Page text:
The question of nasal analgesia in its relationship to so-called dry catarrhal deafness is one concerning which no references are to be found in aural literature, and one which has never been considered by the majority of aurists if we may judge from the replies which I received from twenty-five men in various parts of the country, to whom I addressed the following questions:
Have you ever noted marked nasal analgesia in persons suffering with so-called dry catarrhal deafness?
If so, have you ever noted this as a prognostic sign in the final results of the treatment?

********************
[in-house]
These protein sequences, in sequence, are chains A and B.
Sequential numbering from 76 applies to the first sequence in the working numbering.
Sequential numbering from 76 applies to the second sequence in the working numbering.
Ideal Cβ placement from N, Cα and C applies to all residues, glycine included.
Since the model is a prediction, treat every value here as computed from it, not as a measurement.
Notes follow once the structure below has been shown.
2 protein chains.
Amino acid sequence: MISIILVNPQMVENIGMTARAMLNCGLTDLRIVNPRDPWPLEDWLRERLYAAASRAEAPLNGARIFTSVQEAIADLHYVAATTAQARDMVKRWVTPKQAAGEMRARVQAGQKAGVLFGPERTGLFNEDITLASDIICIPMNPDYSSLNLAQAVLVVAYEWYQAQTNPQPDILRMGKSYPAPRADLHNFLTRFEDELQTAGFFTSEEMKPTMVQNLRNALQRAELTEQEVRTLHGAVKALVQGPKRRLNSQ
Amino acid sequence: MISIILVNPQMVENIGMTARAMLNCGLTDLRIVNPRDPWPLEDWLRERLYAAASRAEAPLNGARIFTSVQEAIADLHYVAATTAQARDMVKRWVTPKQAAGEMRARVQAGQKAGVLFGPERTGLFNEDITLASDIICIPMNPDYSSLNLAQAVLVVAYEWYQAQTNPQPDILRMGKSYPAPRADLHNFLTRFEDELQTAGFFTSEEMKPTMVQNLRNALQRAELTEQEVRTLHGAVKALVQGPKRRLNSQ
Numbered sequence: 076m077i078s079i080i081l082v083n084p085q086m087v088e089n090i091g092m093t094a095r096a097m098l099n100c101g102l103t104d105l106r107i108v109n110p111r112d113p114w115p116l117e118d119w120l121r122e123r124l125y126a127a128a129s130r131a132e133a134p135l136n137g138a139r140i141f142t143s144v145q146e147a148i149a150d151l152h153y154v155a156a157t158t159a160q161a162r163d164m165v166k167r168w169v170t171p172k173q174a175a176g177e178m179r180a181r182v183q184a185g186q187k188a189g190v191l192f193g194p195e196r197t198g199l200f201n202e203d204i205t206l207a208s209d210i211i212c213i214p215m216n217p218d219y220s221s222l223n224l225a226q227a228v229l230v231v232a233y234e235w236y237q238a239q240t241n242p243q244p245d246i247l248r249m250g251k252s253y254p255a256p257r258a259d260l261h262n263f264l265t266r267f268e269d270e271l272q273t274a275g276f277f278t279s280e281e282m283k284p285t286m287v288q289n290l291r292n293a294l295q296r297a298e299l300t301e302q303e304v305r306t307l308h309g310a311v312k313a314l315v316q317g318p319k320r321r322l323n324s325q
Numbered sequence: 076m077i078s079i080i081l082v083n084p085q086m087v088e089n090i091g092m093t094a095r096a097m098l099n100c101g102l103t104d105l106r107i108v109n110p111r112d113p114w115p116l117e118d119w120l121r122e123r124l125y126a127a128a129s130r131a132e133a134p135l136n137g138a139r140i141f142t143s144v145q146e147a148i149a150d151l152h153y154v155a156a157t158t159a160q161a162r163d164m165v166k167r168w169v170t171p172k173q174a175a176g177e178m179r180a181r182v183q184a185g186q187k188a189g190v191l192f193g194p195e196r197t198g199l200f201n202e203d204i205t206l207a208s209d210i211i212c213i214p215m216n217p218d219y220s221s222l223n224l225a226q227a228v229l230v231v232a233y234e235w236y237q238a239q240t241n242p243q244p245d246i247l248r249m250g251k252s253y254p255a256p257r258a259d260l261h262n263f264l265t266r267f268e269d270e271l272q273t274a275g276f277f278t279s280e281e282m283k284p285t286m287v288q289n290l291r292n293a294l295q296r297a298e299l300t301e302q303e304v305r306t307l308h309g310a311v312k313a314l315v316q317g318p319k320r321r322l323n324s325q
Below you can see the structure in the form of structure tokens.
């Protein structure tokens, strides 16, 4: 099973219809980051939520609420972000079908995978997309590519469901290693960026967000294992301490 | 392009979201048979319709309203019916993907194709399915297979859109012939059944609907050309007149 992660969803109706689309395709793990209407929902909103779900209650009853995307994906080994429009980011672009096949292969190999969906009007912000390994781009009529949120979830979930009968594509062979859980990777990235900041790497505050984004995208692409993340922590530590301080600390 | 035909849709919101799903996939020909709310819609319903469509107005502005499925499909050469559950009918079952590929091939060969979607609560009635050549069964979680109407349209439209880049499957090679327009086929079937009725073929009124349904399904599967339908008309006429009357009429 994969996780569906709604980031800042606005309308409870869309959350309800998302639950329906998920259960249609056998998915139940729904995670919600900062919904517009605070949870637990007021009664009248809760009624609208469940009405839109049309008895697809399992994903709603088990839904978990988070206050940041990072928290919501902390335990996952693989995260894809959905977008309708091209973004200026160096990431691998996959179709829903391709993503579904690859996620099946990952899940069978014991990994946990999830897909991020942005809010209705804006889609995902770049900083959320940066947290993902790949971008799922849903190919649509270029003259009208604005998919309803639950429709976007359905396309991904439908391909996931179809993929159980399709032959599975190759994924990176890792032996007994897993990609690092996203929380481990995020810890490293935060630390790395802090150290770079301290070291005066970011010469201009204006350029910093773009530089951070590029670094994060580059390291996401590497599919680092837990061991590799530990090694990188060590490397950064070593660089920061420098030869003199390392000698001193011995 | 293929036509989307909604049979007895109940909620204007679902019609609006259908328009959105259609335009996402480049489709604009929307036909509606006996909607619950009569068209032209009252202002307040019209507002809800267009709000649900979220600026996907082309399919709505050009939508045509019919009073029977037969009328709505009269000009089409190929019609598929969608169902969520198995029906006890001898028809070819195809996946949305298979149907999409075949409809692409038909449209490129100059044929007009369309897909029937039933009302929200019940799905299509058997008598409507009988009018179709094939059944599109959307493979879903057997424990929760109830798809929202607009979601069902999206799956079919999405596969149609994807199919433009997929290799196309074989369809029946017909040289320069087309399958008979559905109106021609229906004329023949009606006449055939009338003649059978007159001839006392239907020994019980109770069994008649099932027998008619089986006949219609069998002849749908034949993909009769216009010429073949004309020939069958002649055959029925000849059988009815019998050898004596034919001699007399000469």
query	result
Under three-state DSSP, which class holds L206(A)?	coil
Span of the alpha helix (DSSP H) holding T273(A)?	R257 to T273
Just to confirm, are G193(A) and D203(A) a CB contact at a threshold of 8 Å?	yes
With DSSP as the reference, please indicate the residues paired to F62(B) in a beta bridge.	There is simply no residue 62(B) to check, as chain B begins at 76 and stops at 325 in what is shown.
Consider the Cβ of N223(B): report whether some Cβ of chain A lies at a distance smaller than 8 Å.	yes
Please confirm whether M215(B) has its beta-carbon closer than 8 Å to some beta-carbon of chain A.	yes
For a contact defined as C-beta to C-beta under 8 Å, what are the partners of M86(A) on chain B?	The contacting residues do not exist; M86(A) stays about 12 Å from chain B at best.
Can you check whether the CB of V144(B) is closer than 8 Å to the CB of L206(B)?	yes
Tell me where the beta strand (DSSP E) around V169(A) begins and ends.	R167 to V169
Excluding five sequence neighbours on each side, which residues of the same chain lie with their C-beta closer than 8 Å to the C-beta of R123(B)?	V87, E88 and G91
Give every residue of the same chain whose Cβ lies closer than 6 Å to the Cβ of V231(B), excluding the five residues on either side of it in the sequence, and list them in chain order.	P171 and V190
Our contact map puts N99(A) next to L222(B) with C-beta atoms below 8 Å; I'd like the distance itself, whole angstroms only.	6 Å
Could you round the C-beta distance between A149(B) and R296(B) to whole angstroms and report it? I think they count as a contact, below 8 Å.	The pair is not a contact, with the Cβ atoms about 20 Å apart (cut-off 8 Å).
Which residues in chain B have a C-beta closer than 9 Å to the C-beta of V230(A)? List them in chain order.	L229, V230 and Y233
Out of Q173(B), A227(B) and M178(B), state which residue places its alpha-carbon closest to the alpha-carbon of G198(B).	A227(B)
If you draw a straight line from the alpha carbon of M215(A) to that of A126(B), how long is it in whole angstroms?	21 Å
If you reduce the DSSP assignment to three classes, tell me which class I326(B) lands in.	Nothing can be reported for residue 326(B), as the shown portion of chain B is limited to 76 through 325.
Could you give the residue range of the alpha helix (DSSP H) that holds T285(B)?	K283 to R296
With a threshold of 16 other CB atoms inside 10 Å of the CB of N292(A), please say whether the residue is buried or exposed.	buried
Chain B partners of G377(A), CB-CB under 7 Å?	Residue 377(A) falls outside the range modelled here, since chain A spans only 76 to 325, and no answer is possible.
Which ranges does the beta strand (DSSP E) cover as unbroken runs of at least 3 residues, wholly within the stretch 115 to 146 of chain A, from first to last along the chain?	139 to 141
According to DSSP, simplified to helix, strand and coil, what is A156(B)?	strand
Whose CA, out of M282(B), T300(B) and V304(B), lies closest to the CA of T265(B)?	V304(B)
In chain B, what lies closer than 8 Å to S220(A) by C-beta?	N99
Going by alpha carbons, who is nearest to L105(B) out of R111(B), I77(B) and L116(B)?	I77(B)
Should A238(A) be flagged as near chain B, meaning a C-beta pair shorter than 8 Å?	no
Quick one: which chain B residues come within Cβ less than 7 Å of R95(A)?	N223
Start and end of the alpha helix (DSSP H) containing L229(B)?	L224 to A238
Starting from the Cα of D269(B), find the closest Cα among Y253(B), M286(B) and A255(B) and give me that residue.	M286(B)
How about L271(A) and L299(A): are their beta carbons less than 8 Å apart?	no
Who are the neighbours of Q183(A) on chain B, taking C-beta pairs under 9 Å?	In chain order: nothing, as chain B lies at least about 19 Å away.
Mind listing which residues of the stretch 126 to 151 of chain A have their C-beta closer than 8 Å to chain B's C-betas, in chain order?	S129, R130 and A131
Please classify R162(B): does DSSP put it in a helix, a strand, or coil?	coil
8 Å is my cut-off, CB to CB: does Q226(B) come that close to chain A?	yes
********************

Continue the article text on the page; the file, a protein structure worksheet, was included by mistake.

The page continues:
Has this symptom been of any value to you in determining the prognosis in these cases?
I received seventeen replies and from no one did I receive an affirmative answer to the last question. Nearly all had noted the condition as existing, but had simply considered it as a natural condition in these
ROY D. NASAL ANALGESIA AS A PROGNOSTIC SYMPTOM IN DRY CATARRHAL DEAFNESS.. JAMA. 1908;LI(9):750-752. doi:10.1001/jama.1908.25410090032001k